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Prof J J W A Robinson

Magnetism has been known and applied since ancient times, and it lies at the heart of modern technology, enabling the generation, control and transmission of electricity, data storage in computing, and countless other applications.

A detailed understanding of magnetism and its connection with electricity was a major achievement of 19th century physics; but the properties of lodestone, a magnetic material known since antiquity, were not understood until 1948, and predicting the magnetic properties of materials remains challenging today.

The development of practical magnetic materials is a notable success of modern materials science, achieving a 50 times increase in the performance of hard magnetic materials from the steels known in 1900 to the rare earth magnets now ubiquitous in compact devices. After briefly covering the nature and origins of magnetic behaviour, this short course will investigate how these properties can be controlled through material design and processing to meet the requirements of applications.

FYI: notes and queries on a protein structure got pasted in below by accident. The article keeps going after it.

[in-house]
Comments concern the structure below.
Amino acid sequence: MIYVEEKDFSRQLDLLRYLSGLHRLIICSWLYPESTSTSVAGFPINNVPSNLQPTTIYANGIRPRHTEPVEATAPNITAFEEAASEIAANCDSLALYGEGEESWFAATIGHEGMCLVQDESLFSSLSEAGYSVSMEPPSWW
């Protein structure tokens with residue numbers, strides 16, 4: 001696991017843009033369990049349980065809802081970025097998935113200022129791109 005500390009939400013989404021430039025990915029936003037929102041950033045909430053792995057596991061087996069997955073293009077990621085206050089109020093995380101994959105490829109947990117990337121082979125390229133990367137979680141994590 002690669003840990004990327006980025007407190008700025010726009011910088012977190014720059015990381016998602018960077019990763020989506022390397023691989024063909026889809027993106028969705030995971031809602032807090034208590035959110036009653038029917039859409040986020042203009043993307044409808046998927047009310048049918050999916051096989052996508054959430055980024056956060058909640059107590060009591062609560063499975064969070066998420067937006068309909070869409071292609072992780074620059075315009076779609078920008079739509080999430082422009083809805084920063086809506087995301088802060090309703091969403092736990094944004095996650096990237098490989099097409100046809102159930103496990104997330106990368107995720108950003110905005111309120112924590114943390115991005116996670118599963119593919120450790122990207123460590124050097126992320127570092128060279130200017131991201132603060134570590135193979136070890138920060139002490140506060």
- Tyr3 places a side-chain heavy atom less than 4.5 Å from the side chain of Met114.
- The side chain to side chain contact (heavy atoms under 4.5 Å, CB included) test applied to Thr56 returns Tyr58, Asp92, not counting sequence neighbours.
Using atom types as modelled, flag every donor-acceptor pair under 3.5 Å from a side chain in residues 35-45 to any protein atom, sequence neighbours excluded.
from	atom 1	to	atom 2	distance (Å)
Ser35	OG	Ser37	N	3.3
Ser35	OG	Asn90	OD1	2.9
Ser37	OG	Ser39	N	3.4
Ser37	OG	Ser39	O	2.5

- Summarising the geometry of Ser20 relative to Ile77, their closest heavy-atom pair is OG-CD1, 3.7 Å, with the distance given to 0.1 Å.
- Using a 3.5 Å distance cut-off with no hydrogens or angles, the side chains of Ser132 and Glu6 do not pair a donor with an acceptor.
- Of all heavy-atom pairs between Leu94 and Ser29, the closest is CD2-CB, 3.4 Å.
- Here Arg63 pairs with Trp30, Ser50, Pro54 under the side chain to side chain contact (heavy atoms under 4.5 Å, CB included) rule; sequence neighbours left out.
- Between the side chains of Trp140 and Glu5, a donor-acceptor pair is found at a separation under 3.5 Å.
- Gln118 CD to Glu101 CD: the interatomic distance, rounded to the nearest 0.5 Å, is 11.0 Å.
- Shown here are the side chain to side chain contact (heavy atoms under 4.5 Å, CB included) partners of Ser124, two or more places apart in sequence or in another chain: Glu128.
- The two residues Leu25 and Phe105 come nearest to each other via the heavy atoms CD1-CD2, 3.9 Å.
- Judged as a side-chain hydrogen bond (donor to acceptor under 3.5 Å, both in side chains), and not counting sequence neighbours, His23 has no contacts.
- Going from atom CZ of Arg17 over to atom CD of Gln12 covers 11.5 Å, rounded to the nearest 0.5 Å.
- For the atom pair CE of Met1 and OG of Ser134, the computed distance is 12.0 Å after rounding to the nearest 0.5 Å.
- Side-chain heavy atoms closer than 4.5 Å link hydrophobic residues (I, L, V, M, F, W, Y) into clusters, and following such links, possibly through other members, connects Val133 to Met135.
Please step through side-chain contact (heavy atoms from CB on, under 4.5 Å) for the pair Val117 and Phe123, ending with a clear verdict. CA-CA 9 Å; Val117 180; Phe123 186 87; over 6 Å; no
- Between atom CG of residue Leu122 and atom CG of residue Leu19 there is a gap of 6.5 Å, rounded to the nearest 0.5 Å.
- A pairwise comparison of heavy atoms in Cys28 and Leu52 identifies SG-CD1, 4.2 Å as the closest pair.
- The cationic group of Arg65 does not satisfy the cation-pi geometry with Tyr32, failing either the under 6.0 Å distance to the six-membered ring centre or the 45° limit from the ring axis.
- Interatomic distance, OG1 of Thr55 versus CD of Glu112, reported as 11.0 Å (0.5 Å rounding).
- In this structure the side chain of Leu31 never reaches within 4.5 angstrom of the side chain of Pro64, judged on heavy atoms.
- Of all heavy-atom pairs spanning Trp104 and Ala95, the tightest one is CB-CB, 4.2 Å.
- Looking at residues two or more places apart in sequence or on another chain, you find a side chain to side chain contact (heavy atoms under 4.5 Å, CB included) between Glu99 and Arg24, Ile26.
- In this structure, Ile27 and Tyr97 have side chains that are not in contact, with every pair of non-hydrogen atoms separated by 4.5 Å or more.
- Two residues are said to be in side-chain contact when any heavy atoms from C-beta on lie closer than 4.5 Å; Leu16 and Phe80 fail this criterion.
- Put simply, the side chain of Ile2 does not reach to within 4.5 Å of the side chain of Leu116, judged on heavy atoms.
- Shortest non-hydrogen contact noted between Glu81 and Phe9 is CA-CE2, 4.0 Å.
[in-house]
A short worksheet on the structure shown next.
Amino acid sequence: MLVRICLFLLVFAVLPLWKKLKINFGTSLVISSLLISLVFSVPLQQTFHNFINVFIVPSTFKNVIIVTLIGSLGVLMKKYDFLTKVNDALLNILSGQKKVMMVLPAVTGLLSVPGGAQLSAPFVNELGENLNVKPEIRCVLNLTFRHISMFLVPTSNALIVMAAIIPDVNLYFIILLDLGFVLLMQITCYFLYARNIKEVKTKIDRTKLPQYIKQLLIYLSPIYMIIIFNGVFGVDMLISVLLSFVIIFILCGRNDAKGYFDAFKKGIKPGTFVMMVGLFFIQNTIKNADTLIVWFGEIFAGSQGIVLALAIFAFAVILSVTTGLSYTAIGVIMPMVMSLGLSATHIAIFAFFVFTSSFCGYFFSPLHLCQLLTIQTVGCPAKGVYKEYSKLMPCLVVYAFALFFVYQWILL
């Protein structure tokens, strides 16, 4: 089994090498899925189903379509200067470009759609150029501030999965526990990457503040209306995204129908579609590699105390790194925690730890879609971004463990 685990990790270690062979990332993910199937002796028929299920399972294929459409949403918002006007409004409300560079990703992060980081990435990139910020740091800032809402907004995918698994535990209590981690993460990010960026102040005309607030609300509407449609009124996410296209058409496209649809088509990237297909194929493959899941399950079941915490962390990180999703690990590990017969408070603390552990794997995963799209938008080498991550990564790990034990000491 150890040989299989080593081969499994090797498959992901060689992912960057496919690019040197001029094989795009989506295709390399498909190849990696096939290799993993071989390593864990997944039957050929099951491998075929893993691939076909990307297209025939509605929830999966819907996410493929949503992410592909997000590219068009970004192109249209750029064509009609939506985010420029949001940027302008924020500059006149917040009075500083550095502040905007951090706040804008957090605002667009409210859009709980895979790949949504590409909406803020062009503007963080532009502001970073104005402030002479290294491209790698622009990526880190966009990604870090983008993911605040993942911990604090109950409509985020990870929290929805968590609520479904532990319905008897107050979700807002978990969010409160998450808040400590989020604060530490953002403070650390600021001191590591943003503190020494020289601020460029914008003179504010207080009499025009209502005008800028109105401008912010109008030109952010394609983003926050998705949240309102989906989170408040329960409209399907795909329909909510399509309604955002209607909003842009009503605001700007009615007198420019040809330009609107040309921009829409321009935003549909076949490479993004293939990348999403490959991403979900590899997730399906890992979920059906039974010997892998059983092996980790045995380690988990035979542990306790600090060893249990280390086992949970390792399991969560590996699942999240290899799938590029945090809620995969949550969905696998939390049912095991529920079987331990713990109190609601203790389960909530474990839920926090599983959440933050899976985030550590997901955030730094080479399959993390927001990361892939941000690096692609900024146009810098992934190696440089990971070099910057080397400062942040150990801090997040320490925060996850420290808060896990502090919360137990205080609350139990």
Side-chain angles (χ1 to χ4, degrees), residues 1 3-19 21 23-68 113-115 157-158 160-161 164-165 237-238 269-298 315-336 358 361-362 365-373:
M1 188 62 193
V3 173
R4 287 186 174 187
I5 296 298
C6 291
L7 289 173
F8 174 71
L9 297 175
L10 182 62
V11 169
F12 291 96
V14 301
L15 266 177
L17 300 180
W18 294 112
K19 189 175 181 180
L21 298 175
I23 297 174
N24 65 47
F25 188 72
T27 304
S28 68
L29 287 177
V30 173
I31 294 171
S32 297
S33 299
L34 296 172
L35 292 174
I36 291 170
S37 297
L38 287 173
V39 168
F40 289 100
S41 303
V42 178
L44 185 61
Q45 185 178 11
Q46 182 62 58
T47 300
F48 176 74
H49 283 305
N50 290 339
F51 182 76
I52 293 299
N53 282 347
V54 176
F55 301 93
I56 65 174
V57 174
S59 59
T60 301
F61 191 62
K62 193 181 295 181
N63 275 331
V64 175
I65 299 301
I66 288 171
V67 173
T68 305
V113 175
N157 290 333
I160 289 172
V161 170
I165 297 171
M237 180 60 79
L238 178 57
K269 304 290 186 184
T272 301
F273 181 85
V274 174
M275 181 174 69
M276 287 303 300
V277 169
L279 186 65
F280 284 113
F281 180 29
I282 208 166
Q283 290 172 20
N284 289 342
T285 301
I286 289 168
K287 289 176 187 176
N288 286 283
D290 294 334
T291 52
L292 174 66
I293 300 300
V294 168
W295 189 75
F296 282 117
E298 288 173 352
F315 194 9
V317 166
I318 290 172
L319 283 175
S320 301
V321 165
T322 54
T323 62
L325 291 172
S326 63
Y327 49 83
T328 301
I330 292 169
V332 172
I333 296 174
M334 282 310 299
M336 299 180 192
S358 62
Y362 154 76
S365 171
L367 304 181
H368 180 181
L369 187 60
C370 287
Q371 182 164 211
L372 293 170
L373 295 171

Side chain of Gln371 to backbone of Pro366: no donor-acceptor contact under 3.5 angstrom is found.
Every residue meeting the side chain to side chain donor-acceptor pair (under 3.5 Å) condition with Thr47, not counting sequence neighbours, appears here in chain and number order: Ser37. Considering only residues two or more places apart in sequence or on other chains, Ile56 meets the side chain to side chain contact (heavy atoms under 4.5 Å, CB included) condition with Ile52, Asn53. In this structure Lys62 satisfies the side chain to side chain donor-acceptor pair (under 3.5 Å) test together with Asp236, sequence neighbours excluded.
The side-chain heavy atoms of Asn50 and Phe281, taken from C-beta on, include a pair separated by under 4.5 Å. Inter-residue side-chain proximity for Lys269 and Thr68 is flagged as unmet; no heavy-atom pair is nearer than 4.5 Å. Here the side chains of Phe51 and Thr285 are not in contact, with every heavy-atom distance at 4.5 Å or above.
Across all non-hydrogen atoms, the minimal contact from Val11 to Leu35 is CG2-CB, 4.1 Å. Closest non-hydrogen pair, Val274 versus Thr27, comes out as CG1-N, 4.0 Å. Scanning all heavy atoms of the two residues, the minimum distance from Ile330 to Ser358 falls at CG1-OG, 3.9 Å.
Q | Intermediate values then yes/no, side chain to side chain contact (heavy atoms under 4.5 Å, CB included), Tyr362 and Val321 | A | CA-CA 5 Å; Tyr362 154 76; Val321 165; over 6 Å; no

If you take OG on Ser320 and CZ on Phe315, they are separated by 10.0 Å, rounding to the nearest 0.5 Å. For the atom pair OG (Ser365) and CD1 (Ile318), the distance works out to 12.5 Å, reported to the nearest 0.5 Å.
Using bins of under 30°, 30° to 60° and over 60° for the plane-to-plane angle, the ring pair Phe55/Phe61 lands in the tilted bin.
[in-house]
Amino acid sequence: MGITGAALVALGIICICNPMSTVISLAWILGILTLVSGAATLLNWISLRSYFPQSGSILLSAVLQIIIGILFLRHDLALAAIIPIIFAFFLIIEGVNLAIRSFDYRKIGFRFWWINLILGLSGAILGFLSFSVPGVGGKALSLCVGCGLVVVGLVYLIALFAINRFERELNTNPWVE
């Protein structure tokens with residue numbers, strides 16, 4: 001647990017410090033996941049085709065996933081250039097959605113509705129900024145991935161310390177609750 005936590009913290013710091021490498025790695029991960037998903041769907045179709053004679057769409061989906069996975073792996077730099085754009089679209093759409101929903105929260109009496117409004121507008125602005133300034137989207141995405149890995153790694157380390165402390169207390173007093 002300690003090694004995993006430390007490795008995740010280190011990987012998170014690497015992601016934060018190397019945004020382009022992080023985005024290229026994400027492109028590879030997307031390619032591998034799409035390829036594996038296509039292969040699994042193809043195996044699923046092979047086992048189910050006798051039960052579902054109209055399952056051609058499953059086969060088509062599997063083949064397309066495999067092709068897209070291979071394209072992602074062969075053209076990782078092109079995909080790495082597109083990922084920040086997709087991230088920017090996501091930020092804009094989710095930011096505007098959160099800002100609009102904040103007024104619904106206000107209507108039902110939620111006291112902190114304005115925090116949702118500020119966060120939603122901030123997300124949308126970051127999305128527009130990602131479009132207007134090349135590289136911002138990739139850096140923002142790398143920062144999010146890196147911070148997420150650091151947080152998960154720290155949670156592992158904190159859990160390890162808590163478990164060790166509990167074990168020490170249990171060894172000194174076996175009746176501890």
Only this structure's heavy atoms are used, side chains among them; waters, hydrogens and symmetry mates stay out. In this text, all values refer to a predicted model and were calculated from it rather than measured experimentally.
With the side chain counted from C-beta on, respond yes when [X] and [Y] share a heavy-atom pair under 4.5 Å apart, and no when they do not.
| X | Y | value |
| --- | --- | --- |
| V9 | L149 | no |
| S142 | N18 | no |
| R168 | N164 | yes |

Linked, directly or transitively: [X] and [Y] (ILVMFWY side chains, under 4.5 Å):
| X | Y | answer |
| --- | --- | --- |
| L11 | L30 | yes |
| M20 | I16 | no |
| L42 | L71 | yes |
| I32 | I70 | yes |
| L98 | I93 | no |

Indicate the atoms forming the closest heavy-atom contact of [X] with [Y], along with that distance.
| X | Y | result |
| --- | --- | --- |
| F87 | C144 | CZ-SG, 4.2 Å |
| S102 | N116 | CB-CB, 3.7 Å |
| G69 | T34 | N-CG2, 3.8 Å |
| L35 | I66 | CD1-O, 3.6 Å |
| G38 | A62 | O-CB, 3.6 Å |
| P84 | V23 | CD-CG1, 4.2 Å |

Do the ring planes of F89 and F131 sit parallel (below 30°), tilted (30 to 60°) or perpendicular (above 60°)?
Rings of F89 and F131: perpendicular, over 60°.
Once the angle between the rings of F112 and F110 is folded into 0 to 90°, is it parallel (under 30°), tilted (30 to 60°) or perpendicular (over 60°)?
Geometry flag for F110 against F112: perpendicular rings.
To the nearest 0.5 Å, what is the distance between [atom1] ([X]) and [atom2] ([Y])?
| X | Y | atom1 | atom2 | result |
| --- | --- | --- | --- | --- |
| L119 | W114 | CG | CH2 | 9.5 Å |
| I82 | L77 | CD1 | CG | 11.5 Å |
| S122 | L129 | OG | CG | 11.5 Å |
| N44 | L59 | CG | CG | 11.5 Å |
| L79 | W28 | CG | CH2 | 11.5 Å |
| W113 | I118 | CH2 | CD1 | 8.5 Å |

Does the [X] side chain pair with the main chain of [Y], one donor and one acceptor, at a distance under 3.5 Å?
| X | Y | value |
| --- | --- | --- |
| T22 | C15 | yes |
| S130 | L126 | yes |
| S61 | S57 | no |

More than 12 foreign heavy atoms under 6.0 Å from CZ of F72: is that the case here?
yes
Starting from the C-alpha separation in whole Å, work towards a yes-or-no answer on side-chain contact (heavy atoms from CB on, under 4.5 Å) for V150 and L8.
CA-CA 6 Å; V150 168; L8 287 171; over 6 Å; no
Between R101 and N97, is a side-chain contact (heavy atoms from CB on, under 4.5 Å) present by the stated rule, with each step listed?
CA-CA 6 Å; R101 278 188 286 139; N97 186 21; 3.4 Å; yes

This lecture course will cover:

  • A brief recap of electromagnetism and the atomic origins of magnetism
  • The magnetic behaviour of materials: diamagnetism, paramagnetism, ferromagnetism, antiferromagnetism, ferrimagnetism, superparamagnetism
  • Properties and characteristics of ferromagnetic materials: hysteresis, domains, anisotropy, magnetostriction
  • Designing with magnetic materials: demagnetising effect, load lines and energy product
  • The properties and processing of practical magnetic materials: hard ferromagnetic materials (e.g. alnico, hard ferrites and Nd-Fe-B) and soft ferromagnetic materials (e.g. silicon steels, soft ferrites and Ni-Fe)
  • Selected applications of magnetic materials: motors, transformers, hard disk drives